• Doug writes in to share his preference for describing his son, who is on the autism spectrum.

18:10 Happy Poly Moment

S writes in to share how episode 360 on crowdsourcing jealousy helped spawn a happy poly moment!

22:30 Wrap Up

Questions? Comments? Feedback? Email polyweekly@gmail.com or call the listener comment line at 802-505-POLY. And hey, why not attach an audio comment to that email? :-) Check out PolyWeekly at Blubrry.com. Share this with a friend or write an iTunes review!

PW 423: How to feel special

How to feel special when there is more than one partner involved?awesomedog

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1:00 Host chat and announcements

9:50 Poly in the News

16:00 Topic: How to feel special

A listener writes in to ask how one goes about feeling special when one is not the one and only love. Cohosts Koe Creation and Minx offer their insights.

  • How does a second child feel special?
  • Know who you are as an independent and whole person
  • Know what you need and ask for it; ask your new partners what they need to feel special
  • Small kindnesses show care

30:45 Feedback

Marcie writes in in response to episode 420 on disabilities to say that not everyone prefers person-first language.

32:30 Happy Poly Moment

D calls in to share a slow road to polyamory.

38:00 Thank you!

Cagey and Doug both donated $69 each, which we invested in Portland strippers. J

Wrap up

Questions? Comments? Feedback? Email polyweekly@gmail.com or call the listener comment line at 802-505-POLY. And hey, why not attach an audio comment to that email? :-) Check out PolyWeekly at Blubrry.com. Share this with a friend or write an iTunes review!

PW 422: Cooper Beckett’s Life on the Swingset

SwingsetbookCooper of the Life on the Swingset podcast shares a tidbit from his new memoir

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1:00 Host chat and announcements

5:15 Poly in the News

12:00 Interview: Cooper Beckett

Cooper Beckett, founder and host of Life on the Swingset podcast, has just come out with a memoir of his journey into progressive swinging entitled My Life on the Swingset: Adventures in Swinging and Polyamory. Join him for a special short essay reading from his new book! (There is even an audio version coming soon!) 

43:00 Feedback

46:15 Happy Poly Moment

D shares a sensitive, compassionate and patient road to polyamory.

53:45 Wrap Up

Questions? Comments? Feedback? Email polyweekly@gmail.com or call the listener comment line at 802-505-POLY. And hey, why not attach an audio comment to that email? :-) Check out PolyWeekly at Blubrry.com. Share this with a friend or write an iTunes review!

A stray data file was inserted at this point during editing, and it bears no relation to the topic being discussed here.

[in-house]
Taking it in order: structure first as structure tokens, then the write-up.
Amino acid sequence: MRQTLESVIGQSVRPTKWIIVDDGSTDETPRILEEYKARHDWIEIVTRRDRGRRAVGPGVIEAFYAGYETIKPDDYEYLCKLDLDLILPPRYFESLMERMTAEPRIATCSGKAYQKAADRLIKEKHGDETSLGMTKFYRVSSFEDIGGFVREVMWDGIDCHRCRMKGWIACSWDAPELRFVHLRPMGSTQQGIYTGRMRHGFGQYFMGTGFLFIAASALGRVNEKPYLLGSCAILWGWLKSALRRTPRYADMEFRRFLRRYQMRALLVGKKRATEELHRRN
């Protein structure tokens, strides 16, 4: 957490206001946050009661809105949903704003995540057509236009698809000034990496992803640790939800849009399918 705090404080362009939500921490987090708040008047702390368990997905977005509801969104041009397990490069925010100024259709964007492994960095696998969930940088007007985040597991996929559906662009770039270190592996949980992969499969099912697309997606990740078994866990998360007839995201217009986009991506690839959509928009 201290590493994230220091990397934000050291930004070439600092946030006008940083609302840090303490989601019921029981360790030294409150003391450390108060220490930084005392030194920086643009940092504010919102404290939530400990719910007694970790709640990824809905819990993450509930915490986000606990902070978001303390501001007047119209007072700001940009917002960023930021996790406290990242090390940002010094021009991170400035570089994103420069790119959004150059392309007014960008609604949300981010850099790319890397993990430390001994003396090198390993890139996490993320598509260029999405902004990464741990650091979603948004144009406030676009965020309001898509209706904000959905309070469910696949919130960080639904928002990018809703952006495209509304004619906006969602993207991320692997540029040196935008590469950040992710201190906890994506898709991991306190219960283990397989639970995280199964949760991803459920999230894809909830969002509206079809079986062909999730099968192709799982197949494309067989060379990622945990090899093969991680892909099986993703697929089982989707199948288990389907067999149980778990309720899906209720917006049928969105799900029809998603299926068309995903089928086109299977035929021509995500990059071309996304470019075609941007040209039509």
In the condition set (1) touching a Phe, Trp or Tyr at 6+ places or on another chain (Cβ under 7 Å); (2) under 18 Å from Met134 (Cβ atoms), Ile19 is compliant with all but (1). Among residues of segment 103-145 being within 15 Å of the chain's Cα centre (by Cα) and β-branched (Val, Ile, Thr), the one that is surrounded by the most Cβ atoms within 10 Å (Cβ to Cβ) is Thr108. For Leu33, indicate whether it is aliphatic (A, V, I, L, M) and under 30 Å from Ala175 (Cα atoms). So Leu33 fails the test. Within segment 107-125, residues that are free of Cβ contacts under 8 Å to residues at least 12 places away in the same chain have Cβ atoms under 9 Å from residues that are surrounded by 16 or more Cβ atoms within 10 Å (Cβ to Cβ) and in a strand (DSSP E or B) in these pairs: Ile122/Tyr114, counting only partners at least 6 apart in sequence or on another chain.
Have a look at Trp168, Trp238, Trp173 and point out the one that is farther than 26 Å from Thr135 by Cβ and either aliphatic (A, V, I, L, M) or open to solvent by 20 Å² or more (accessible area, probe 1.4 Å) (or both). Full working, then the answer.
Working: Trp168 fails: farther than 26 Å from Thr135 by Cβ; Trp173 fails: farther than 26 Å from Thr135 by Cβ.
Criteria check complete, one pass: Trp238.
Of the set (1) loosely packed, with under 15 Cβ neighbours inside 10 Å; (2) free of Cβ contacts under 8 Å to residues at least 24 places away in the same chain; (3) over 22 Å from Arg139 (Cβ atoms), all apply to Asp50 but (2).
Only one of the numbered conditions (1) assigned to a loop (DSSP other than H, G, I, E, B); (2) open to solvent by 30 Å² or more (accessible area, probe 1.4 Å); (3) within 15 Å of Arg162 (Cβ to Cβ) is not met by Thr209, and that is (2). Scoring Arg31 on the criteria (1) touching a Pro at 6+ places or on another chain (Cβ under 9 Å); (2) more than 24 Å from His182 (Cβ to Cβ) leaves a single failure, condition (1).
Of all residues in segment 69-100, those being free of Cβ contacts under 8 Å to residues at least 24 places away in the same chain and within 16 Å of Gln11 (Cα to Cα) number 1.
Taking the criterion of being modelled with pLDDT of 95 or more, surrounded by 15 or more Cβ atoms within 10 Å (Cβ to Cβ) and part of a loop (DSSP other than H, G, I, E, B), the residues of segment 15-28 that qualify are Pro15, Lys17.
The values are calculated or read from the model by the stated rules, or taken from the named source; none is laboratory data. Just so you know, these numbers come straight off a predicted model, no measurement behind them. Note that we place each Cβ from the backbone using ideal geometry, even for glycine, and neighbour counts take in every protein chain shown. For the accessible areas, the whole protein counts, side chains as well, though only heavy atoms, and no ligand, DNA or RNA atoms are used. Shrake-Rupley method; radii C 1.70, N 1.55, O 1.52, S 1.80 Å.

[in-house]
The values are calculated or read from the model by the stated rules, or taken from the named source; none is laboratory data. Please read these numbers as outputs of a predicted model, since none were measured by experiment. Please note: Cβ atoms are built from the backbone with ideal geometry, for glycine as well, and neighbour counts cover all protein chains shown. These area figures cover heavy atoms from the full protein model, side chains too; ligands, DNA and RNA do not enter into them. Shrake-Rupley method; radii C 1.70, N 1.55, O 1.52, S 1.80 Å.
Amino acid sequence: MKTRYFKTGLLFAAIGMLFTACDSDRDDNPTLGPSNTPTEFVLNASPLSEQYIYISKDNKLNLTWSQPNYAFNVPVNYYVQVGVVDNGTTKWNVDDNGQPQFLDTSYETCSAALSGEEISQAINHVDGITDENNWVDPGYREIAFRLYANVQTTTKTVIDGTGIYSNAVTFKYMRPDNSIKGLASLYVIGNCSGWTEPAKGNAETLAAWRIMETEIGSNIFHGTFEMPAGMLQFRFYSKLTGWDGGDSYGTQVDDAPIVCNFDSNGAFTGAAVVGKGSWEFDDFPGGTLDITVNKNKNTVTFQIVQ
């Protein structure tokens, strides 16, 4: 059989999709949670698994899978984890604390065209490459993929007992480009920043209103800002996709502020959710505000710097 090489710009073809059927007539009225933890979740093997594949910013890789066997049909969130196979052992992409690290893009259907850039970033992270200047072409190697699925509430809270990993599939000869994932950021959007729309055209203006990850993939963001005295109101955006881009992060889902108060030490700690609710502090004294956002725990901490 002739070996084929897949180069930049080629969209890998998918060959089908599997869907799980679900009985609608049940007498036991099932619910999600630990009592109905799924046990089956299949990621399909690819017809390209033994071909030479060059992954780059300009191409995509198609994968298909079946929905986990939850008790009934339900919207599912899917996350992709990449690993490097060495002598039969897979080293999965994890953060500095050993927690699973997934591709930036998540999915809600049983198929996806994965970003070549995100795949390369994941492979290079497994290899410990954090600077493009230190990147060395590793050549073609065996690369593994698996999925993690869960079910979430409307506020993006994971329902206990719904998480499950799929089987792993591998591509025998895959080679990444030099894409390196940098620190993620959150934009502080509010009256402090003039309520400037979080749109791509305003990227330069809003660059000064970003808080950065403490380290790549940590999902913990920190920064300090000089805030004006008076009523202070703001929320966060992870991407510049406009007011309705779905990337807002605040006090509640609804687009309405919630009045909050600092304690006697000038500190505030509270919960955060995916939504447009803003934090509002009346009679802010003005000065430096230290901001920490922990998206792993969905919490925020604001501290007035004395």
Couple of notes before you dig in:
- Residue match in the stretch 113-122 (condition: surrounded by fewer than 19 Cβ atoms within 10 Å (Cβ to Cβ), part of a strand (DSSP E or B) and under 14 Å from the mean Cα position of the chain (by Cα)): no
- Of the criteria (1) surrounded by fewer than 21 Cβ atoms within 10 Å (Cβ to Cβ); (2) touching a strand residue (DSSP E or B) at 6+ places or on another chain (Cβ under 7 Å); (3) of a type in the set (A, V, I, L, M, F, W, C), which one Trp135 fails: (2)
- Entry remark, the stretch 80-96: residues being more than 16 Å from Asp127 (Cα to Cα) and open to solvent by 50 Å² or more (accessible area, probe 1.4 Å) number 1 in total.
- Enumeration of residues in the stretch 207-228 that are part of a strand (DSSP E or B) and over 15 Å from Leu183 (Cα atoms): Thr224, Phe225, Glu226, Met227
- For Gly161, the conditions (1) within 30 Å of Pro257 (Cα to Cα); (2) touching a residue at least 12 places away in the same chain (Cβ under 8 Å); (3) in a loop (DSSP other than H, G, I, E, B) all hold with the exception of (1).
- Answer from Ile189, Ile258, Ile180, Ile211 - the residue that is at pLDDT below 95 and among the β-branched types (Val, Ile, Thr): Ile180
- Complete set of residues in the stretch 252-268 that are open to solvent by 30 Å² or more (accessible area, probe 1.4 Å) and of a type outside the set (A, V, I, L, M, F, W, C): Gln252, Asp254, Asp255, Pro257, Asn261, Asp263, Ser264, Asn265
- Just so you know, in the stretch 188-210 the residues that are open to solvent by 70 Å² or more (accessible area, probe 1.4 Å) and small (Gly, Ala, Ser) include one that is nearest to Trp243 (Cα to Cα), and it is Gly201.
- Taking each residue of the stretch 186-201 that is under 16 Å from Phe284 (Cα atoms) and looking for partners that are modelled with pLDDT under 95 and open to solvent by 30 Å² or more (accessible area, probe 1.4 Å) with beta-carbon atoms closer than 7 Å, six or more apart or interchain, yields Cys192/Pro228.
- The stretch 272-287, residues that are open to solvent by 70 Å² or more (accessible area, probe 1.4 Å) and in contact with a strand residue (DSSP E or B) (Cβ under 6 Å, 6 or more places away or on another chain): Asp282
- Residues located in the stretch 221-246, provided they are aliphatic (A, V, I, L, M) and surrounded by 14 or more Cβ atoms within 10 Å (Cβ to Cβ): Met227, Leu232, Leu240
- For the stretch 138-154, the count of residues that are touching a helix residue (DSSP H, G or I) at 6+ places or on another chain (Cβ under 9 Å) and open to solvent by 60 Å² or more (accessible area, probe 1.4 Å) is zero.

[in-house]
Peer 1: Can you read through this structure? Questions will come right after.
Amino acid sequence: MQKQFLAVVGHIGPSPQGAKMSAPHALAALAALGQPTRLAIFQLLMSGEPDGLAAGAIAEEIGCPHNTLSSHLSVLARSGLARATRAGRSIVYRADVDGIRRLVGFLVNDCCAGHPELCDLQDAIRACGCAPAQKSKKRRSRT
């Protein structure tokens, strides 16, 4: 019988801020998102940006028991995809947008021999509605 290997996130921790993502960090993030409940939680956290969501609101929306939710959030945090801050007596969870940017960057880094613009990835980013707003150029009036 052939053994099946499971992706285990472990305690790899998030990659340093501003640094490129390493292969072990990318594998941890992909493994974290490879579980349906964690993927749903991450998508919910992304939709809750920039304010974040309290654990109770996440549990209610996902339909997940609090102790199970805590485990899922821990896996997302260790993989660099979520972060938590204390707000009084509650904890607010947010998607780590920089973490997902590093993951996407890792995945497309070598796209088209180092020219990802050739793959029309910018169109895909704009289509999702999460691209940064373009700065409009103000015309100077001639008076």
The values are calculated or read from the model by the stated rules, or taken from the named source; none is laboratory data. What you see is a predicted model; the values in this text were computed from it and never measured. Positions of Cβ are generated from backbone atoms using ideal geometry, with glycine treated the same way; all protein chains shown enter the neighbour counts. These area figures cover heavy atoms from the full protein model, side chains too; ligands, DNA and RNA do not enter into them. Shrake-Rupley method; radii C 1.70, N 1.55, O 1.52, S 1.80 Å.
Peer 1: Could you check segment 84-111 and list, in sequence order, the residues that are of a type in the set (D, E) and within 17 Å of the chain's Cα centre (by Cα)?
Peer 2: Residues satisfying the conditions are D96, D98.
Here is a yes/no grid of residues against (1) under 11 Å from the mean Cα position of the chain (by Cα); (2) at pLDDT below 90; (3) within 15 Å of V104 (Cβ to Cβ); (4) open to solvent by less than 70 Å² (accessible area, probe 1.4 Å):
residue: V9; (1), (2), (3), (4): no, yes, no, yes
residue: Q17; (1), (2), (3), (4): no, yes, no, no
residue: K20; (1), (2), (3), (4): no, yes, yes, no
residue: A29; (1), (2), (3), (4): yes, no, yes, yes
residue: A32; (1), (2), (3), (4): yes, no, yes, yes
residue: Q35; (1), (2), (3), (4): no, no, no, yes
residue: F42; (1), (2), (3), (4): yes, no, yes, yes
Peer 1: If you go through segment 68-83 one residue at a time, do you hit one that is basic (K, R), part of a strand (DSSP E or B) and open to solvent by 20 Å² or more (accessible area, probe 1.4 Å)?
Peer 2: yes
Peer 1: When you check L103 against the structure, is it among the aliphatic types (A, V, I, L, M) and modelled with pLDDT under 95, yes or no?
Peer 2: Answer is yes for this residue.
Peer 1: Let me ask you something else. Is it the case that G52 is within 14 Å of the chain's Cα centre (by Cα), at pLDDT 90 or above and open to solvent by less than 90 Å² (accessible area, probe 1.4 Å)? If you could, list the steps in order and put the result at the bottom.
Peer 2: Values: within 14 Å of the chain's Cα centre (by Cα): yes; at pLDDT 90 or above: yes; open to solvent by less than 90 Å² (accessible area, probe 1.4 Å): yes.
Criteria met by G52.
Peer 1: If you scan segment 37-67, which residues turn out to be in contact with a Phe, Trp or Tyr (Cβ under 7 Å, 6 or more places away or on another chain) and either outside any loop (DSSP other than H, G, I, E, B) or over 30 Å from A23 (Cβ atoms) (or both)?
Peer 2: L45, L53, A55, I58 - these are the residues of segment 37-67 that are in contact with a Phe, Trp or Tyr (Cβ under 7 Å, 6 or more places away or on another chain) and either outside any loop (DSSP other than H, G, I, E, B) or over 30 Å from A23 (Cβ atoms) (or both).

PW 421: Poly didn’t work, but I still want it!

360_degrees_suckHow to recover from an epic poly fail

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1:00 Host chat and announcements

1:45 Poly in the News

4:45 Topic: Poly didn’t work, but I still want it!

Diva and the Don called in to talk about moving from being swingers to poly that just didn’t work out due to issues with faithfulness (on his part) and micromanaging (on her part). They ask how to move forward with polyamory and get past this lack of trust and drama. LustyGuy and Minx agree:

  • Fix your relationship first. Work out your trust issues on your own. Work on your own happiness first.
  • Own your own shit and let him own his.
  • Be the expert on yourself and let Don be the expert on himself.
  • Address your history of cheating and don’t try polyamory until you both have 100% trust in this area.

25:45 Wrap Up

Questions? Comments? Feedback? Email polyweekly@gmail.com or call the listener comment line at 802-505-POLY. And hey, why not attach an audio comment to that email? :-) Check out PolyWeekly at Blubrry.com. Share this with a friend or write an iTunes review!

PW 420: Self-identity with poly and disabilities

Hannah Pittman offers insights on self-identity on poly and disabilities fixedlolcat


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1:00 Host chat and announcements

5:00 Poly in the News

7:00 Topic: A new voice on poly and disabilities

New poly and disabilities activist Hannah Pittman shares her thoughts on the convergence and mutual benefits of being a person with disabilities and of being polyamorous. We can learn from self-identity and support models for both.

30:00 Happy Poly Moment R shares a beautiful happy poly moment of meeting and opening up to another couple and being involved with their wedding planning

32:30 Thank you! Thanks to Erin for the donation and to David for joining the Friends With Benefits level of the Poly Weekly Playmates!

33:30 Wrap Up Questions? Comments? Feedback? Email polyweekly@gmail.com or call the listener comment line at 802-505-POLY. And hey, why not attach an audio comment to that email? :-) Check out PolyWeekly at Blubrry.com. Share this with a friend or write an iTunes review!